Animals General Online Quiz Questions with Answers Part 2
1. Where did the extinct giant owl Ornimegalonyx Oteroi live?
Ornimegalonyx lived in the late Pleistocene and stood nearly four feet (1.2 meters) tall.
2. True or False: Some species of owls have one ear placed higher than the other on their skull.
This adaptation, which occurs in barn owls and some other species that hunt at night, is thought to help owls pinpoint the location of sounds. The asymmetry is not visible, because the ears are covered with feathers.
3. If somebody calls you an owl (pöllö) in Finnish, what are they saying about you?
Answer: You’re stupid.
Although owls are a symbol of wisdom in many cultures, they’re also associated with stupidity in some cultures. In Finland, the word for “owl” also means “stupid,” possibly because owls’ wide-open eyes seem to give them a simpleminded appearance.
4. Which fictional hero has an owl named Hedwig?
Answer: Harry Potter.
In the Harry Potter books and films, owls are used to carry messages and packages.
5. According to Pliny the Elder, writing in 77 CE, were owls generally considered to be good omens or bad omens?
Answer: Bad omens.
In his Natural History, Pliny wrote, “The horned owl is especially funereal, and is greatly abhorred in all auspices of a public nature: it inhabits deserted places, and not only desolate spots, but those of a frightful and inaccessible nature: the monster of the night, its voice is heard, not with any tuneful note, but emitting a sort of shriek. Hence it is that it is looked upon as a direful omen to see it in a city, or even so much as in the day-time.” (Natural History 10.16)
6. True or False: Owls are closely related to hawks, eagles, and falcons.
Although owls and other birds of prey have some common features, these are thought to be the result of convergent evolution rather than common ancestry. Owls are believed to be closely related to the Caprimulgiformes (nightjars and nighthawks).
7. Which Egyptian goddess is pictured as a cat or as a woman with the head of a cat?
Bastet, by the way, is often pictured holding a musical instrument called a sistrum.
8. Which composer and lyricist wrote the musical Cats?
Answer: Andrew Lloyd Webber.
Cats is based on T.S. Eliot’s Old Possum’s Book of Practical Cats. The musical debuted in 1981.
9. Fact or Fiction: Too much catnip can be harmful to a cat.
The catnip plant, which is a member of the mint family, is not addictive or harmful to cats.
10. How many breeds of cats are recognized by the Cat Fanciers’ Association?
Answer: About 40.
As of 2016, the CFA recognizes 42 cat breeds.
11. Which special physical trait does a so-called “Hemingway cat” possess?
Answer: Extra toes.
Polydactyly—meaning extra toes—is a relatively common abnormality in cats. Hemingway owned a six-toed cat, and today dozens of cats with polydactyly live on the grounds of his home and museum in Florida.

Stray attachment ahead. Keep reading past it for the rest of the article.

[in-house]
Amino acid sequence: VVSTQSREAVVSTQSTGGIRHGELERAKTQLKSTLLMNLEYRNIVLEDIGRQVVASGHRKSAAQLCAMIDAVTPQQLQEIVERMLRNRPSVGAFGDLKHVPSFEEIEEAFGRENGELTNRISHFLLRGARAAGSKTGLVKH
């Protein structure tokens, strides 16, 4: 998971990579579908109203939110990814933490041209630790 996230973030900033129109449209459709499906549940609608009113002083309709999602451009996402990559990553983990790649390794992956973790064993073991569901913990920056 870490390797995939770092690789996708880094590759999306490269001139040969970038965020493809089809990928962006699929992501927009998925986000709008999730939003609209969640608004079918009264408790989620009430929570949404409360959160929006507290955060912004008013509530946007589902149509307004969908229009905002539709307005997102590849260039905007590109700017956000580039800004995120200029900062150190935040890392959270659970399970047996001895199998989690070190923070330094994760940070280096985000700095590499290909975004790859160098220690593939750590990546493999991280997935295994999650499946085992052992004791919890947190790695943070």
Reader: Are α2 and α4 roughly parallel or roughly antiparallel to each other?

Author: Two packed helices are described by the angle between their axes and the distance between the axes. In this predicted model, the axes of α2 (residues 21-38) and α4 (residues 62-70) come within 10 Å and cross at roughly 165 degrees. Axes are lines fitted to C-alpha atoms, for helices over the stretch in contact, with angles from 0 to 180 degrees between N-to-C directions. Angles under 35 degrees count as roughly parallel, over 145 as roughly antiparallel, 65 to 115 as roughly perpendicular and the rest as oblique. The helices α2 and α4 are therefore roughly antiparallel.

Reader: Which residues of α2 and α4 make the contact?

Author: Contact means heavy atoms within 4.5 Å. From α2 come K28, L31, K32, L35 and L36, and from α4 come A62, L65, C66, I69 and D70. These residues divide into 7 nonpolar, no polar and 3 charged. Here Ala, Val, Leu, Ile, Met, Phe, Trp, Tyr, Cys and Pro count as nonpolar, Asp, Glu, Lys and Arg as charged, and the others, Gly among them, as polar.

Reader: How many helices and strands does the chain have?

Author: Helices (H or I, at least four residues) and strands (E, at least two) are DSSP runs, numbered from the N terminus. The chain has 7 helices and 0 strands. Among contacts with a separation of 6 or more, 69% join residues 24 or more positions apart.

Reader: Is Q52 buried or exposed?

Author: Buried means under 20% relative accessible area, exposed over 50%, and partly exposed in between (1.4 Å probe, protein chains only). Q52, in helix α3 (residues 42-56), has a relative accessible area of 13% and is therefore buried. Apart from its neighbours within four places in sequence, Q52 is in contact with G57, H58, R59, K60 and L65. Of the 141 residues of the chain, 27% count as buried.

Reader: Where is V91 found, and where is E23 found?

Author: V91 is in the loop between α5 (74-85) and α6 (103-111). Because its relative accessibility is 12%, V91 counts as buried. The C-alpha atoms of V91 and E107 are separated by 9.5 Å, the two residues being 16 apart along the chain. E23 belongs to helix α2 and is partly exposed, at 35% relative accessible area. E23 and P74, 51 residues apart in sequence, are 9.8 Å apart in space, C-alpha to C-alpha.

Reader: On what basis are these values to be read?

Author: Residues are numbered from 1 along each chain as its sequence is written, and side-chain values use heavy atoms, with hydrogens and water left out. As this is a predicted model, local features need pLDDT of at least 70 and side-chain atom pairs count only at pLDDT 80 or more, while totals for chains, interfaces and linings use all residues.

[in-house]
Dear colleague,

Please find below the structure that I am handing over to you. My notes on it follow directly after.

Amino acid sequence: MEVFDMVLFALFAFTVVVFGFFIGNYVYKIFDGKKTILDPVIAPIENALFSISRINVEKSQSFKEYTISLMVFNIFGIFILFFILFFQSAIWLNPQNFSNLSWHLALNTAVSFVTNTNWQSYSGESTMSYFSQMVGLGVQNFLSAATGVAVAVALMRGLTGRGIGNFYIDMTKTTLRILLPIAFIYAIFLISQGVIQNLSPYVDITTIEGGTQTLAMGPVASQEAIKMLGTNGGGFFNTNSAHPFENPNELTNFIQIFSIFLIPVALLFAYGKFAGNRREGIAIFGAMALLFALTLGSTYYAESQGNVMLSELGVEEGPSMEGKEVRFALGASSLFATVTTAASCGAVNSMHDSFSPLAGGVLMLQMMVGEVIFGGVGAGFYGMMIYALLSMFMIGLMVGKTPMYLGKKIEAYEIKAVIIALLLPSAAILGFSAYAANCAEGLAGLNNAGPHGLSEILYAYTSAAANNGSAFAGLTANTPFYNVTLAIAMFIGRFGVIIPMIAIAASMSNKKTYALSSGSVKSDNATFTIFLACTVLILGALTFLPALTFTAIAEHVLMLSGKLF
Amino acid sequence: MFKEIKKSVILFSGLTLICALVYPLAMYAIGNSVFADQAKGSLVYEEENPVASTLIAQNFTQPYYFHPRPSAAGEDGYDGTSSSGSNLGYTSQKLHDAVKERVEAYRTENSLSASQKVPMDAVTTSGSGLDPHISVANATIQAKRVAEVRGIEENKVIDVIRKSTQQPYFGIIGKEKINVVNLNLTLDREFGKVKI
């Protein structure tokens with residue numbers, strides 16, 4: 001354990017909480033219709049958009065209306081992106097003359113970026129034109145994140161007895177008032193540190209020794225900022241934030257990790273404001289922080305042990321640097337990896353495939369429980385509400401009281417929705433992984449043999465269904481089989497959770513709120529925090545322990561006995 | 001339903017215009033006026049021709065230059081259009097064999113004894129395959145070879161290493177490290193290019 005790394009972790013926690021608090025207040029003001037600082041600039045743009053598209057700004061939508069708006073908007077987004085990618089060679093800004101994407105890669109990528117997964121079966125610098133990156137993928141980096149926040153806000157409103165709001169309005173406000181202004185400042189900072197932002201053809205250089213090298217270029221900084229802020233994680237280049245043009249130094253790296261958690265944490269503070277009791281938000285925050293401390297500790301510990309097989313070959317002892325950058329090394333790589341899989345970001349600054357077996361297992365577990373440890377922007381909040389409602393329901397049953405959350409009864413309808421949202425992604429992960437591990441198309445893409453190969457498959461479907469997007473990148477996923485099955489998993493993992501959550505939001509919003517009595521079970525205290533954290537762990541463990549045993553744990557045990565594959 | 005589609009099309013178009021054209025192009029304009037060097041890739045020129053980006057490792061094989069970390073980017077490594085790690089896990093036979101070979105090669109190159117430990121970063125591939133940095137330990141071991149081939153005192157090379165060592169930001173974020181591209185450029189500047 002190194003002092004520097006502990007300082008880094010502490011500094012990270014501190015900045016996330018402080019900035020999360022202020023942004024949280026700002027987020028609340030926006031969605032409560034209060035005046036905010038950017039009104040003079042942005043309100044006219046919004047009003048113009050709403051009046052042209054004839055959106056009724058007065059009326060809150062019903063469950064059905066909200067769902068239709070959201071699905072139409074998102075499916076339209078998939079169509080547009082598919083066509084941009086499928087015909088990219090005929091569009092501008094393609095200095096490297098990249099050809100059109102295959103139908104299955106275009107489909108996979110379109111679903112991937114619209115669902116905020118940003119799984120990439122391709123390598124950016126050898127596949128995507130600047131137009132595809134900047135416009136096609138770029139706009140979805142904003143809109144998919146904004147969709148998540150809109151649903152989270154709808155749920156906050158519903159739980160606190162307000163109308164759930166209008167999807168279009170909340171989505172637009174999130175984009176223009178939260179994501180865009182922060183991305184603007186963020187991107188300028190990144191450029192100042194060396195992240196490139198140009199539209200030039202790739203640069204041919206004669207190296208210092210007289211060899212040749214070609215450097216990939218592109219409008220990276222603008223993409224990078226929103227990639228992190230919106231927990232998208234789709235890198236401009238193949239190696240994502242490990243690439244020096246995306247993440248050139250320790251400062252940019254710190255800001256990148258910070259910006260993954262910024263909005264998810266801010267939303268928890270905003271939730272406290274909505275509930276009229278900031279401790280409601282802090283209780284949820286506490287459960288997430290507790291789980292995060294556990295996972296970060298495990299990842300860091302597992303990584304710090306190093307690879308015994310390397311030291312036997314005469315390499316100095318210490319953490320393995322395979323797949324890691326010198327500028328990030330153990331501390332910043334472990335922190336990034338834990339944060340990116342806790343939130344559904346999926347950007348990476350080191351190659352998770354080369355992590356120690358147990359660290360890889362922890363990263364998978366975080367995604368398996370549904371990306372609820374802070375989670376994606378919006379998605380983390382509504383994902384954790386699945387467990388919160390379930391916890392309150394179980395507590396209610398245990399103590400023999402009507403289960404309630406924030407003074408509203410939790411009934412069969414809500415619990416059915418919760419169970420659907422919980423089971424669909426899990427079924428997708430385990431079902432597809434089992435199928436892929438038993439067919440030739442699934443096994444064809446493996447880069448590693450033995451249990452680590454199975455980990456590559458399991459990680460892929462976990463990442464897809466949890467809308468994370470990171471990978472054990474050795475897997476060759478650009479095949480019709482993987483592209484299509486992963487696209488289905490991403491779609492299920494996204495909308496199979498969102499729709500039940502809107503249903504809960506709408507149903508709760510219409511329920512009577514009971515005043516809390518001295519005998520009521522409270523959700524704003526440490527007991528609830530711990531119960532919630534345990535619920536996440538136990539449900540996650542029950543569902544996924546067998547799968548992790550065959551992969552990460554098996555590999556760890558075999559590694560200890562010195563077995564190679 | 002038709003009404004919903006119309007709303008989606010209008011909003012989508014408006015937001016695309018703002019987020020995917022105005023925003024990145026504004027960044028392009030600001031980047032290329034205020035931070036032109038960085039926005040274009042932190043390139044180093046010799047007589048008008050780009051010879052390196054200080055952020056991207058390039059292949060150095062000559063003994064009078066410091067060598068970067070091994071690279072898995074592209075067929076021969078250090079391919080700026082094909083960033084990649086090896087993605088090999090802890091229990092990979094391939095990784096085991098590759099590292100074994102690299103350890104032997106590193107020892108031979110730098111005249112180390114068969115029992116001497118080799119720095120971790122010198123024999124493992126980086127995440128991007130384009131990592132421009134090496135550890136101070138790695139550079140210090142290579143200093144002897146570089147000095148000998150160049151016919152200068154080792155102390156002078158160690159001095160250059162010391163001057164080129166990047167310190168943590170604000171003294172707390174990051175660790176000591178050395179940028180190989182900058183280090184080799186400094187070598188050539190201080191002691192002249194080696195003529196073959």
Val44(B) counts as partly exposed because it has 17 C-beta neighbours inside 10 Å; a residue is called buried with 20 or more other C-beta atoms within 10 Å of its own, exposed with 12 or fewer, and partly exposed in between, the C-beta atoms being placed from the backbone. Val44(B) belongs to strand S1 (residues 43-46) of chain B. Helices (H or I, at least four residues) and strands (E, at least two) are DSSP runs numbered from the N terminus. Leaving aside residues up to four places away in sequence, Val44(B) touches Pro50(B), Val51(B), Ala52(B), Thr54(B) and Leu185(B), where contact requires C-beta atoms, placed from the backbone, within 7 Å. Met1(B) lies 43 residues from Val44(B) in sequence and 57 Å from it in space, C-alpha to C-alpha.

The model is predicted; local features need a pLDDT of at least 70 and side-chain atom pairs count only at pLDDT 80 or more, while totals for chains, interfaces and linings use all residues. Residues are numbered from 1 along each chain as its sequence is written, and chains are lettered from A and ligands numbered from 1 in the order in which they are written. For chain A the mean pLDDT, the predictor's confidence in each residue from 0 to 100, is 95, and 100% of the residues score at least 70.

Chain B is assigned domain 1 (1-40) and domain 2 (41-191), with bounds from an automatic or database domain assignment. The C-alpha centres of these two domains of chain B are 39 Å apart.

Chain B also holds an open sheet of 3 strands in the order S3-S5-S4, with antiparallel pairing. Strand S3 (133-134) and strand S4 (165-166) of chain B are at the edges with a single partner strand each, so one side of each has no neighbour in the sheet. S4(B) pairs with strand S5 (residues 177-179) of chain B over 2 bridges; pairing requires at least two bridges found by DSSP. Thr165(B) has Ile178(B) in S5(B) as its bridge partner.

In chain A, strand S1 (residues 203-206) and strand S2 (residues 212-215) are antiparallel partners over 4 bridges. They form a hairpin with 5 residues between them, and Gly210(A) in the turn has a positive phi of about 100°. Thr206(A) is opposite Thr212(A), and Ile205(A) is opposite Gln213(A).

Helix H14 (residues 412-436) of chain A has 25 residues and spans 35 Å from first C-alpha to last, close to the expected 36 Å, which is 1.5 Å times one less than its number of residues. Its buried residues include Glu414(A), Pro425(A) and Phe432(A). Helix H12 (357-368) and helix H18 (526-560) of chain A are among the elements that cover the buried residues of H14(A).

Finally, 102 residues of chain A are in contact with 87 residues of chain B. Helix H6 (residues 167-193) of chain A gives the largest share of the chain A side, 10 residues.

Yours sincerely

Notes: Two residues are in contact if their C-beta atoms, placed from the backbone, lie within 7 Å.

12. About how fast can a domestic cat run in short bursts?
Answer: 30 miles per hour.
Domestic cats have been clocked at 30 miles per hour over short distances. That’s about the same top speed as the fastest human sprinters.
13. Fact or Fiction: All tortoiseshell cats are male.
Because two X chromosomes are necessary to produce tortoiseshell cats’ mix of black and orange fur, nearly all tortoiseshell cats are female.
14. Which lexicographer defined cat as “a deceitful animal, and when enraged, extremely spiteful”?
Answer: Noah Webster.
The definition appeared in Webster’s An American Dictionary of the English Language, published in 1828.
15. Which dog breed became the most-popular dog breed in the United States in the early 1990s and held the title for more than a quarter of a century?
Answer: Labrador retriever.
Intelligent and even-tempered, Labrador retrievers make good pets and are used in military and police work and as guide dogs for the blind.
16. Fact or Fiction: Dachshunds have short legs because they were bred to hunt animals that live in burrows.
Dachshunds’ short legs and long bodies allowed them to pursue animals such as badgers into burrows and tunnels.
17. Fact or Fiction: There are 319 bones in a normal dog’s skeleton.
A dog born without a tail, or one whose tail has been removed, will have fewer.
18. Fact or Fiction: A dog’s sense of taste is more developed than a human’s.
Humans have around 9,000 taste buds on average, while dogs generally have fewer than 2,000. That may be why dogs will eat things that would be too disgusting for any human to touch.
19. Which country is the Akita most closely associated with?
The Akita breed originated in the mountains of northern Japan and was designated a “natural monument” by the Japanese government in 1931.
20. About how many breeds of purebred dogs does the American Kennel Club recognize?
Answer: About 200.
The 188th and 189th breeds, the American hairless and the Sloughi, received formal recognition in 2016.